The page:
I’m back from the city of love and disgusting tubes!
Today, I’m getting away from my usual posts to discuss what I did last night!
I attended BookMachine’s event in London, where we discussed the next five years of Publishing. As I will hopefully be entering the industry sometime in the next few years, listening to people with extensive experience in publishing talking about their vision of the future of the book and the industry as a whole was very valuable.
Our speaker was George Walkley, the Head of Digital for Hachette UK. His talk was very honest, informative and funny. I tried to take notes and tweet but ended up failing miserably at both. So I apologise in advance if what follows is super unclear.
George based most of his presentation on an infamous statement by the also infamous Donald Rumsfeld. This statement talks about known knowns, known unknowns and unknown unknowns. It goes a bit like this: “There are known knowns. These are things we know that we know. There are known unknowns. That is to say, there are things that we know we don’t know. But there are also unknown unknowns. There are things we don’t know we don’t know.”
Applying this saying to the publishing industry was strangely effective because it showed us what we could anticipate and what would be almost impossible to control but would need to be watched carefully, such as disruptive technology for instance. He also added ‘unknown knowns’ that he defined as “the things that we know but choose to ignore or deny.”
George finished his talk by this beautiful quote (and you know how I love quotes) by Alan Kay: “The best way to predict the future is to invent it.”
Being surrounded by people who have worked in the industry for decades, I did feel very inadequate and I still think that my vision of the next five years of publishing isn’t very valid as it’s mostly based on my experience as a reader and not as a publisher. But I’ll share it with you anyway because this is my blog and I can do what I want!
In the next five years, publishers will make much more use of online platforms like YouTube to broadcast book news, author interviews, book synopsis… When most of their market is online, publishers can’t afford to ignore these communities. Also free (excluding equipment) marketing is always a bonus.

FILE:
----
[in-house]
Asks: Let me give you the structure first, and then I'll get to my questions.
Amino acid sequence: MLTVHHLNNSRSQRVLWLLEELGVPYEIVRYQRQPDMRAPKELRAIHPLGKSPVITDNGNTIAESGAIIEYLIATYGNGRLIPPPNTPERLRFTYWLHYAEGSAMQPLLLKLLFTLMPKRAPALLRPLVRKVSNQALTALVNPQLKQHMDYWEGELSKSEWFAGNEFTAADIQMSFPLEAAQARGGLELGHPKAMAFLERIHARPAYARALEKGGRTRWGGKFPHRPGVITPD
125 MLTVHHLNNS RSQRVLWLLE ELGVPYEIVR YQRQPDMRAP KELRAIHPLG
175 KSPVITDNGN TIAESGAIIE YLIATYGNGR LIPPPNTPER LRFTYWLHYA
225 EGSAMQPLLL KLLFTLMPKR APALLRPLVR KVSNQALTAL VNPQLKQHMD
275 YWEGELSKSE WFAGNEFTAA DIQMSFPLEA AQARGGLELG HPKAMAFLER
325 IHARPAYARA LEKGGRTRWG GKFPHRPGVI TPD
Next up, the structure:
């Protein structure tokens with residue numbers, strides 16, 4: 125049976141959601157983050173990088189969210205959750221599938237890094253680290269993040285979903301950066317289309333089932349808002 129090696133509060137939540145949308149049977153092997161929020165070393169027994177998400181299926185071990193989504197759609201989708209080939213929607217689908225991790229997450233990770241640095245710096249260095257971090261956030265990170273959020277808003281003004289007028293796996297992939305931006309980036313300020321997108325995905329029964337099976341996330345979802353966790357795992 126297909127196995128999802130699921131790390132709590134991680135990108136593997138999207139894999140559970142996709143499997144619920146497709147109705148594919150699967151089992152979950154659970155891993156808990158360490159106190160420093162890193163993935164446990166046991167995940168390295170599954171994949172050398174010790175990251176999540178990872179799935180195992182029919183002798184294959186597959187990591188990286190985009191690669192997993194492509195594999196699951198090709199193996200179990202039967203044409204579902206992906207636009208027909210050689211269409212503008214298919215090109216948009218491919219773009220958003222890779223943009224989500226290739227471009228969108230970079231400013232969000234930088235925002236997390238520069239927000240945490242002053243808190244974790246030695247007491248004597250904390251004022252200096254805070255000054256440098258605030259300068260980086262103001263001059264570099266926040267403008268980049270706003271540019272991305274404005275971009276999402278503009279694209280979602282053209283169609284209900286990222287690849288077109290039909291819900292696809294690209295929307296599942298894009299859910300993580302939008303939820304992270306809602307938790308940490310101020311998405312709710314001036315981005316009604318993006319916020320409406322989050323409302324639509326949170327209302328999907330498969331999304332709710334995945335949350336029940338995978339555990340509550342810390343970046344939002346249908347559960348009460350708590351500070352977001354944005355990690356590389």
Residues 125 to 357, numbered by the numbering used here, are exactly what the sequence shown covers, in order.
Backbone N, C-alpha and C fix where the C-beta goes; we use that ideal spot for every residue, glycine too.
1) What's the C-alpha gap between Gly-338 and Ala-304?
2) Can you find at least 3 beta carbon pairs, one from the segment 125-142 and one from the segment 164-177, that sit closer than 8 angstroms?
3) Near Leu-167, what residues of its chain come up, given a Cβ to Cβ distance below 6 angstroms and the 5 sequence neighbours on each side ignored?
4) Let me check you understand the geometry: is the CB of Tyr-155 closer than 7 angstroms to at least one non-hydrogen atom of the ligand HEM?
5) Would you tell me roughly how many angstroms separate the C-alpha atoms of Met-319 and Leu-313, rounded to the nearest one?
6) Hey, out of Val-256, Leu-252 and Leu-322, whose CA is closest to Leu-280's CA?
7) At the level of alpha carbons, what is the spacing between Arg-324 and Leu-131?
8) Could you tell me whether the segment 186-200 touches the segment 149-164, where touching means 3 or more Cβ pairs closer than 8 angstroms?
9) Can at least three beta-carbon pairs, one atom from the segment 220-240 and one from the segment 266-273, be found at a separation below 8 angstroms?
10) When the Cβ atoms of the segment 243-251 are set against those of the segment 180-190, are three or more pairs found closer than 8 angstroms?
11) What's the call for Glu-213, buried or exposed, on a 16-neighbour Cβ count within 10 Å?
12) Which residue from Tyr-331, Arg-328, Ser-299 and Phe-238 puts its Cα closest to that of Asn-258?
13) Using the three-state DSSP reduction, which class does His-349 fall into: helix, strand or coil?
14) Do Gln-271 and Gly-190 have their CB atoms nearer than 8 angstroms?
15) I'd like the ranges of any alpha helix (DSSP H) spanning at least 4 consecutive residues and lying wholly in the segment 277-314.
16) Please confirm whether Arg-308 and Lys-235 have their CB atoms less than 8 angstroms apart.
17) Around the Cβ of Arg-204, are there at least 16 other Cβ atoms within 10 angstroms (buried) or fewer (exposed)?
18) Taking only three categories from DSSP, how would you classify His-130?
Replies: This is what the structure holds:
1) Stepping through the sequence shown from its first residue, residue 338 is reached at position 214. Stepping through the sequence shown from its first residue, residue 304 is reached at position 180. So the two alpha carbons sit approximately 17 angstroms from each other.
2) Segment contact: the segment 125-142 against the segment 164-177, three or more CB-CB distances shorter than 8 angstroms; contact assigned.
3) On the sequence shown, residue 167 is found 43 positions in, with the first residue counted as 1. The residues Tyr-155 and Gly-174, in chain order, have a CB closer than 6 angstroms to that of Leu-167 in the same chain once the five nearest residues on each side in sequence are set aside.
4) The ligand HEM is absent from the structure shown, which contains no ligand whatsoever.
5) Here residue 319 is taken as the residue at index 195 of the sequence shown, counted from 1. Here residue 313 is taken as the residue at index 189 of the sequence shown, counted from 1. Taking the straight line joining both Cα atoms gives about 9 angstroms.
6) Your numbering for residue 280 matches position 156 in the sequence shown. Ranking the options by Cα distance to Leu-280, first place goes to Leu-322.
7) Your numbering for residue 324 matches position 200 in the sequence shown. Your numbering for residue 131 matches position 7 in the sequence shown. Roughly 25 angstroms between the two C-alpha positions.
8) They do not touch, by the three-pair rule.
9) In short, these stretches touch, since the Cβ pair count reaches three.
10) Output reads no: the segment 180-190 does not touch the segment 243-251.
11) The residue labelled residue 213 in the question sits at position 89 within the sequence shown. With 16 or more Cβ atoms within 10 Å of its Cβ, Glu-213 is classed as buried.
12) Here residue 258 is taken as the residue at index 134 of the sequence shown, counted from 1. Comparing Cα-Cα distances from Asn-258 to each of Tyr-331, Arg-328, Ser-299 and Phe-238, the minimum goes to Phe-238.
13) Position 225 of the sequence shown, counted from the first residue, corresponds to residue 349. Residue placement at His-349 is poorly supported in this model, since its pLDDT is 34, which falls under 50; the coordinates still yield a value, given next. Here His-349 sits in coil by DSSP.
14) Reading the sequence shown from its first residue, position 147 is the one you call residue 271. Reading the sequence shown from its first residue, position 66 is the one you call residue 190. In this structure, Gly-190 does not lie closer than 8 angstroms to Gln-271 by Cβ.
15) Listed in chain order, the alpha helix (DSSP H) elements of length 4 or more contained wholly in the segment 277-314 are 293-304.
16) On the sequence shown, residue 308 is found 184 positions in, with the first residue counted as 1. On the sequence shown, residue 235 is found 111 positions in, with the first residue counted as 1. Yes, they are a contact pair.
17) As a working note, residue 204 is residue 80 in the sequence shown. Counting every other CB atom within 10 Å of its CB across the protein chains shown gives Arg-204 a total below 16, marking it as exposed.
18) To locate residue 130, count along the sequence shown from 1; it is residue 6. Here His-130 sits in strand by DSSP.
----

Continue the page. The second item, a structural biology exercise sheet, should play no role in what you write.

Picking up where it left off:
The reading experience will need to be much more interactive. In an age where our average attention span resembles the one of a two year old on a sugar high, reading a 500 pages novel seems like a titanic task. When there are so many other things you could be doing or watching, sitting down and reading a book doesn’t seem like the best option. Publishers need to retain people’s attention by reaching them via media they find stimulating. There are many options that could be and already are exploited to increase interactivity, such as creating a website or app containing exclusive additional information to the book. But are these effective or could we find better ways to interact with our audience?
I also believe that Publishing will become even more transnational and transcultural in the future. Meeting many people from my MA program comforted me in that idea because we come from all over and we all bring our cultural experiences with us. I wrote a post on reading diversely a while back (link HERE) and I do believe that the trend is growing. Publishers will need to make investments in translations and, much like Pushkin Press already does, research foreign books that have had a strong impact on their original country and render them accessible to a larger community.
I’ve already seen a move toward the points I’ve made above (Pottermore, publishers getting involved with Booktubers…) but there are still many ways to make use of the many resources available to us in a profitable way, both for the industry and the readers.
Finally, and to end on a cheesy note, I hope I get to be part of the future of Publishing and will work hard to do so.